For several years, Sharon Hazard has been taking us inside New York’s Gilded Age as detailed in the pages of Kate Shippen Roosevelt’s diary. Kate counted two presidents among her in-laws – Theodore and Franklin – besides a dazzling number of who’s who from business, art, the theater, and philanthropy. Sharon explains how she first gained access to Kate’s diary and what it’s been like to write about the Dowager’s adventures. Click to listen.
For three years, Sharon Hazard had been writing The Dowager’s Diary for Woman Around Town, chronicling the activities of Kate Shippen Roosevelt as written about in her diary. Sharon talks about how she first “met” Kate and what it’s been like to view New York City through the eyes of a woman who counted two presidents among her relatives.
Growing up with Frankenstein as her father was as far from being part of a horror show as could be. That was how Sara Karloff remembered life with Boris Karloff and how he handled originating and perpetuating the scary monster that came to be known as Frankenstein.
According to Sara, her father was “the antithesis of the part he played in the 1931 classic horror movie, Frankenstein. Boris Karloff was the funniest, gentlest, kindest, quietist and most articulate English gentleman that ever lived.”
Born William Henry Pratt in England, Boris Karloff was the youngest of nine children. When asked how he got his stage name, his daughter said, “Karloff came from his mother’s family and Boris came out of thin air.” He studied for the British Council Service, but did not pursue that path. Instead he went to British Columbia where he played bit parts in eighty movies. Sara said that Frankenstein was his eighty-first film, adding, “No one saw the first eighty of them.” She said her father described his part playing extras in obscure roles as “being the third from the left in the fourth row.”
After twenty years in the business, the forty-four year-old Karloff was offered the role of a lifetime by James Whale, the English film director. My father said he was “jolly lucky to have a job,” and quickly accepted the non-speaking role of Frankenstein. “My father’s name was not listed in the movie’s opening credits and he wasn’t even invited to the premier,” she said. “No one expected the monster to be the star.” Collin Clive played the part of Dr. Frankenstein and he was slated to be the star.
Although Boris Karloff was only five feet and eleven inches tall, make-up, camera angles, shadows and two-inch high plaster boots made him appear looming. “It took four hours to apply the make-up and three hours to take it off,” she said. “Working in Hollywood during the hot month of August and wearing a dark wool suit resulted in my father losing twenty-five pounds during filming.”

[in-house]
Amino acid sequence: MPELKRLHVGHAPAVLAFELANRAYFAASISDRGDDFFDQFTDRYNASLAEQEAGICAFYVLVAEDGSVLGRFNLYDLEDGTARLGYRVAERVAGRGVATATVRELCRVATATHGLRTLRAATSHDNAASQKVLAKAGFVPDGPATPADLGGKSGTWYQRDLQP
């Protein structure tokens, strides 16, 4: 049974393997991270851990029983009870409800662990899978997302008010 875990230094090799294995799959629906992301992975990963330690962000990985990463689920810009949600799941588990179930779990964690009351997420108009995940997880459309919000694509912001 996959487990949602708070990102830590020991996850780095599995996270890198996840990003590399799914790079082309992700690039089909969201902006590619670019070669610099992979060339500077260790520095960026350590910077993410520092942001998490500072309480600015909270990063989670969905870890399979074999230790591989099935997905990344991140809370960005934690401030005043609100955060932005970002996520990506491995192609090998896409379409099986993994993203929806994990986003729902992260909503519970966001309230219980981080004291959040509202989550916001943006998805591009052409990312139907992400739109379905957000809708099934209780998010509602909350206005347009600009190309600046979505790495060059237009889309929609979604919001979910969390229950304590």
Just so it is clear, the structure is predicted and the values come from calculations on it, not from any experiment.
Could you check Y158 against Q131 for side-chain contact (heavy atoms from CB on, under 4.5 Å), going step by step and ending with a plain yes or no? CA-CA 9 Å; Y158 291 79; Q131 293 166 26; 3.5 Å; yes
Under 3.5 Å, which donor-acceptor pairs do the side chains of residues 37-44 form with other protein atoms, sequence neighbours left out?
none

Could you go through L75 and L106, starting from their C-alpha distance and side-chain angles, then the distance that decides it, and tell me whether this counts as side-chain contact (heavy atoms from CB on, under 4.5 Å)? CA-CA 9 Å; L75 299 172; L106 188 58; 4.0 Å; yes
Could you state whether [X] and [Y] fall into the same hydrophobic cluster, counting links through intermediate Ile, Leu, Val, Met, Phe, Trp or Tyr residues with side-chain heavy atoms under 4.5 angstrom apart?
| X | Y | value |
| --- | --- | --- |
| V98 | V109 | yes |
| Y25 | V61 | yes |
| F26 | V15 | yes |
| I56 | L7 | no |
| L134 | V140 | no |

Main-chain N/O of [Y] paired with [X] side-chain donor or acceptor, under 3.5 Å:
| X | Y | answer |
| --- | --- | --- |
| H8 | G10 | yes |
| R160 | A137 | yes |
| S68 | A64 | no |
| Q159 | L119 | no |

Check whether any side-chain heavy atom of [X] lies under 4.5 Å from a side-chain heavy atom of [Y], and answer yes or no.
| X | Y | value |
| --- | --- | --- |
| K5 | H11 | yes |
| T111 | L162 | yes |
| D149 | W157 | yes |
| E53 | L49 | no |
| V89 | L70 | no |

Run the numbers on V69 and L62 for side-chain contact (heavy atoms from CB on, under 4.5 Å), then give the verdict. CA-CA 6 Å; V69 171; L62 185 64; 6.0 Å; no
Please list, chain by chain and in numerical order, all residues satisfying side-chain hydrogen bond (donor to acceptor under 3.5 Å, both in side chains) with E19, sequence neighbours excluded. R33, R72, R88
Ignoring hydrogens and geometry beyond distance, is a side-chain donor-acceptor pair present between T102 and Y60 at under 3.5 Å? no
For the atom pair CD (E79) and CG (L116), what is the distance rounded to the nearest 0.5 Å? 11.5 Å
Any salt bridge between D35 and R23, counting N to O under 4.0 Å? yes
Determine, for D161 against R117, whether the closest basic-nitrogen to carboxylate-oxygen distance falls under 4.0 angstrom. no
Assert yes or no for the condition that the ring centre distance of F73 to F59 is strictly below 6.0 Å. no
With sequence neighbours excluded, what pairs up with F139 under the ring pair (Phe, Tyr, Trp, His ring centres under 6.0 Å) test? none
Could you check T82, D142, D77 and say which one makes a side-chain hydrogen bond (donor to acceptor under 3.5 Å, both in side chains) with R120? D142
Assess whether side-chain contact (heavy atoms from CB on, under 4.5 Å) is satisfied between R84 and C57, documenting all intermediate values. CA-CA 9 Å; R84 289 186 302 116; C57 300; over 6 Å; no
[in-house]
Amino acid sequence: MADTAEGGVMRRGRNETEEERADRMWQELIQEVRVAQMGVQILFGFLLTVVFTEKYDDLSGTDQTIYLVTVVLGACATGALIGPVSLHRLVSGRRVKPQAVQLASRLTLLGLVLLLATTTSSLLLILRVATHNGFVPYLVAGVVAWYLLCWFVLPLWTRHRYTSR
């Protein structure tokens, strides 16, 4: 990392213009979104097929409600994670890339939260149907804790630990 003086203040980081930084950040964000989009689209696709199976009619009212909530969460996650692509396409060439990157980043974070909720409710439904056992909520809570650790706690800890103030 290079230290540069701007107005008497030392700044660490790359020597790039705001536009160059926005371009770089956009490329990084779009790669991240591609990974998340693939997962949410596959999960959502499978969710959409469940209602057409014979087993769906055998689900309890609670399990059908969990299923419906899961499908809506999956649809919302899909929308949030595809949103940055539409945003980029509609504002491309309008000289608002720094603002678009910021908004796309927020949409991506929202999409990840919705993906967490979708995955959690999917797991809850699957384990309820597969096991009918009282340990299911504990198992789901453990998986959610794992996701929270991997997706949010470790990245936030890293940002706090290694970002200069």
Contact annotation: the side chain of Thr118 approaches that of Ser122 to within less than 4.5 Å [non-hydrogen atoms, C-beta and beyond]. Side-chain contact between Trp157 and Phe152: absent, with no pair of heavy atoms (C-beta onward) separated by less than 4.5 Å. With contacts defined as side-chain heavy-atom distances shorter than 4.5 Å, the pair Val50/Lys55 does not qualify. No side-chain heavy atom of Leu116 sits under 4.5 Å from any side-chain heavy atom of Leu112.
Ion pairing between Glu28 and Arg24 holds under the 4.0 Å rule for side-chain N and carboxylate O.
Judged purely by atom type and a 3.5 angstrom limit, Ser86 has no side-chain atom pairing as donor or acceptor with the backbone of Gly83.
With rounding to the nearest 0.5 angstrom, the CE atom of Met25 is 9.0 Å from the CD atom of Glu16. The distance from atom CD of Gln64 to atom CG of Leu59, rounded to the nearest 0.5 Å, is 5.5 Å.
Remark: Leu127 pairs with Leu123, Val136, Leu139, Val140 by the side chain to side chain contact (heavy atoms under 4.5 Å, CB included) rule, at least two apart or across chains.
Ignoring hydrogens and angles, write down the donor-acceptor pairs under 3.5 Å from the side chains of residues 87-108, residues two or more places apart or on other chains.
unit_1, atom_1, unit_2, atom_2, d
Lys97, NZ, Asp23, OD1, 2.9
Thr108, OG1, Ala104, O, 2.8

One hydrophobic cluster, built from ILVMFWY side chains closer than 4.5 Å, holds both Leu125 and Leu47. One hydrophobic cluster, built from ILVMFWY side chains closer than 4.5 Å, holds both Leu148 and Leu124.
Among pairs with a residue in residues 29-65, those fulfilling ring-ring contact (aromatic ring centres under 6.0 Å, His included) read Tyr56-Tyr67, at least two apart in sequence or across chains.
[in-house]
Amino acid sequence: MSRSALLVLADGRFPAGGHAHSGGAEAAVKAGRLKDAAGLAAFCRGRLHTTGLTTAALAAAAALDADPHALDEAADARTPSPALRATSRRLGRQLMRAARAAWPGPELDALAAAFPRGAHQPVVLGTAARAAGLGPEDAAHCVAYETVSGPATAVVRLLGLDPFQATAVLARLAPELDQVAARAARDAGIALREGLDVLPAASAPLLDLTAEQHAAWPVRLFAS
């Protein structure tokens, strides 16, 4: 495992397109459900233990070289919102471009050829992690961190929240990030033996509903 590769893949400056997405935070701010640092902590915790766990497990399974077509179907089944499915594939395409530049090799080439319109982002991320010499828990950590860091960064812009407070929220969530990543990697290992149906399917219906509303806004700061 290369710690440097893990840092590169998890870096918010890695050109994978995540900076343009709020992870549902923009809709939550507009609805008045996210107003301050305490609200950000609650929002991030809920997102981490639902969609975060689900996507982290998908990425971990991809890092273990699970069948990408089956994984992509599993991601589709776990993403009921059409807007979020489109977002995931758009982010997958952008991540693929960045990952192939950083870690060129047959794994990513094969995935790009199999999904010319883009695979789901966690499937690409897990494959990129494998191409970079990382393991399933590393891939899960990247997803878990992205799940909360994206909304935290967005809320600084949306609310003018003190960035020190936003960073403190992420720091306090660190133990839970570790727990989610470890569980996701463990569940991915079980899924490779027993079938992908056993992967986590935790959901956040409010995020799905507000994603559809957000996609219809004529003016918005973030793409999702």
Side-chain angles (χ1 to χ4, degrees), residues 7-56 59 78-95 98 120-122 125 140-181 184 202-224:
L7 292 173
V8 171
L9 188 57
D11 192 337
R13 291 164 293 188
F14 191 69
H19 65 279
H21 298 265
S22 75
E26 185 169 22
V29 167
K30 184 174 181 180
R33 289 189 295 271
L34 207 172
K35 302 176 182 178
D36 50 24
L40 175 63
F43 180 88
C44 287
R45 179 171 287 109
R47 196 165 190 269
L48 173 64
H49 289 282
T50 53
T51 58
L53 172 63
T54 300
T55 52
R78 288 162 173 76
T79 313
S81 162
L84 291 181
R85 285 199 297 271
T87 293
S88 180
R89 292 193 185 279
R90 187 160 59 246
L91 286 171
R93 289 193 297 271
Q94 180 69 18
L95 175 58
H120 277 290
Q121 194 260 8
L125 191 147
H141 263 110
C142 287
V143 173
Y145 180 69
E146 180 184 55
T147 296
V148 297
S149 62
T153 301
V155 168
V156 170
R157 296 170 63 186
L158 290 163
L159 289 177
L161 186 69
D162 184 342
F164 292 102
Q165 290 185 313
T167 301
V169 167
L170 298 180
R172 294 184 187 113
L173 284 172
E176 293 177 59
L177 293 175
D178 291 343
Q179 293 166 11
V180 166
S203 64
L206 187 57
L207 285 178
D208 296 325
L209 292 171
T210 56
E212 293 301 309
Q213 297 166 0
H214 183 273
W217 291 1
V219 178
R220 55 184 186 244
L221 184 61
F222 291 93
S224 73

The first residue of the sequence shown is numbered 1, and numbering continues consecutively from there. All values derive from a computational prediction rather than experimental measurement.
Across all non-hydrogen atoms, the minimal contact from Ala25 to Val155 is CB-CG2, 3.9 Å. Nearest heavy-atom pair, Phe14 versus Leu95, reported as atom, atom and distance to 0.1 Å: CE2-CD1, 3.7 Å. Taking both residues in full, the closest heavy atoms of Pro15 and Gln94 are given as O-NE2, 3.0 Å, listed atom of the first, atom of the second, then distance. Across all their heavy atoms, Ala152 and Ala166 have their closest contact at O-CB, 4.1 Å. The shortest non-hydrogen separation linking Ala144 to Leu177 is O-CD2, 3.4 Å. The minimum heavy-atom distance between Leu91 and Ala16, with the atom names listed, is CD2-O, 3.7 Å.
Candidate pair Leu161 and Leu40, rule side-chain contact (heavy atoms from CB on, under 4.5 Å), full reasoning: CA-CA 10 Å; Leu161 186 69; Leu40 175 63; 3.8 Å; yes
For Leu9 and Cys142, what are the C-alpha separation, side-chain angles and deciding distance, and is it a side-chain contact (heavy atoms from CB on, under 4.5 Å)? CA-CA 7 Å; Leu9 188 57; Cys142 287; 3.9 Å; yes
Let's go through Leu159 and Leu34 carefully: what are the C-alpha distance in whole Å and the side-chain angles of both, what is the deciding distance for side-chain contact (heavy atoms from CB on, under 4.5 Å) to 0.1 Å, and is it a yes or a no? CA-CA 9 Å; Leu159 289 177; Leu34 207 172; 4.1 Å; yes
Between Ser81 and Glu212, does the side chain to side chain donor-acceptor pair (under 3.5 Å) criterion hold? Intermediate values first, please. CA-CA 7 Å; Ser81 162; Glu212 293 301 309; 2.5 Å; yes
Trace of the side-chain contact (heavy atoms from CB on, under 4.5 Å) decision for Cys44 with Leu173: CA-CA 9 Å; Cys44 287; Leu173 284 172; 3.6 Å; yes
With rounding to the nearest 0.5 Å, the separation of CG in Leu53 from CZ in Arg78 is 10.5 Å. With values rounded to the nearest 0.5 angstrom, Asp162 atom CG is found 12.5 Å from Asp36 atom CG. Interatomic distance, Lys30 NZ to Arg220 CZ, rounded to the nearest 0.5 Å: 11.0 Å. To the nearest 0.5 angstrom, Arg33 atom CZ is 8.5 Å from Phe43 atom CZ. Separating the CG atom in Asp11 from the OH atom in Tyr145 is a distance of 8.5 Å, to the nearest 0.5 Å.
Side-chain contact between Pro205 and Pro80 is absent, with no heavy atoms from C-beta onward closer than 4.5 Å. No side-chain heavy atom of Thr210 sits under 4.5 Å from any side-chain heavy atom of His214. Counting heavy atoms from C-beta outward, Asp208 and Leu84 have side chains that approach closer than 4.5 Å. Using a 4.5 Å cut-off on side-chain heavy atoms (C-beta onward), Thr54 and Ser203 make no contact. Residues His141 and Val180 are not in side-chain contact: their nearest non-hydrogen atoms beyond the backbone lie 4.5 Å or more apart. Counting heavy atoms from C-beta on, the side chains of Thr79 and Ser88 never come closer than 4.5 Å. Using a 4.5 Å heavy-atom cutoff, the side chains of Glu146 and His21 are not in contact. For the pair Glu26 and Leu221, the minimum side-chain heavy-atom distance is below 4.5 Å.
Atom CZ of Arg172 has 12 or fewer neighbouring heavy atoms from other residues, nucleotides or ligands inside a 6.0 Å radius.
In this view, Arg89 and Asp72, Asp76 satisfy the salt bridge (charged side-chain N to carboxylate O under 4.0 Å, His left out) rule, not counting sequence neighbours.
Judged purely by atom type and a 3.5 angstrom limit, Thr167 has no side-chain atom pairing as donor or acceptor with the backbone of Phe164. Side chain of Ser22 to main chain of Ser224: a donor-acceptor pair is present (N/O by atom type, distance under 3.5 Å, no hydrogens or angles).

After the make-up and costume came off, Boris Karloff enjoyed life on his three and one-half acre estate in Beverly Hills where he liked to garden, read and pursue his life-long passion of playing cricket. He was on the Hollywood Cricket Team. He also loved animals. At one time, the Karloff family owned twenty-two dogs and a pig named Violet.
“Always the consummate professional,” was how Sara Karloff described her father who, along with a group of other actors, founded the Screen Actors Guild as a way to give back to the profession he loved and was so grateful to have had the opportunity to work in.
Boris Karloff worked in the film industry all his life, but no role surpassed the one he created as Frankenstein, the monster put together from used body parts, which made him an overnight star.
Sara Karloff said she was nineteen years-old before she saw the movie, made in 1931, several years before she was born. “Since my father never brought his work home I was mesmerized by the role he created, but more importantly in awe of the man behind the monster. He was the least scary human being in the world.”
In addition to Frankenstein, the part that rolled out the red carpet for him, Boris Karloff appeared in many other movies, television shows, Broadway Plays, and radio shows. One of his favorite roles, according to Sara Karloff, was the aging horror film icon, Byron Orlok in the thriller Target directed by Peter Bogdanovic. It was made in 1968, just one year before Karloff’s death on Ground Hog’s Day in 1969.
Karloff also enjoyed working with other movie monsters, namely Vincent Price, Peter Lorre, and Basil Rathbone. “While on the set, the group played practical jokes, each trying to out-“Boogie Man” the others,” said Sara Karloff.
Keeping her father’s professional and personal legacy alive, Sara Karloff maintains a website, www.karloff.com and participates in many Halloween-themed productions (Chiller Theater at the Sheraton in Parsippany, New Jersey is hosting an event) and throughout the year speaks to Boris Karloff’s multi-generation fan-base.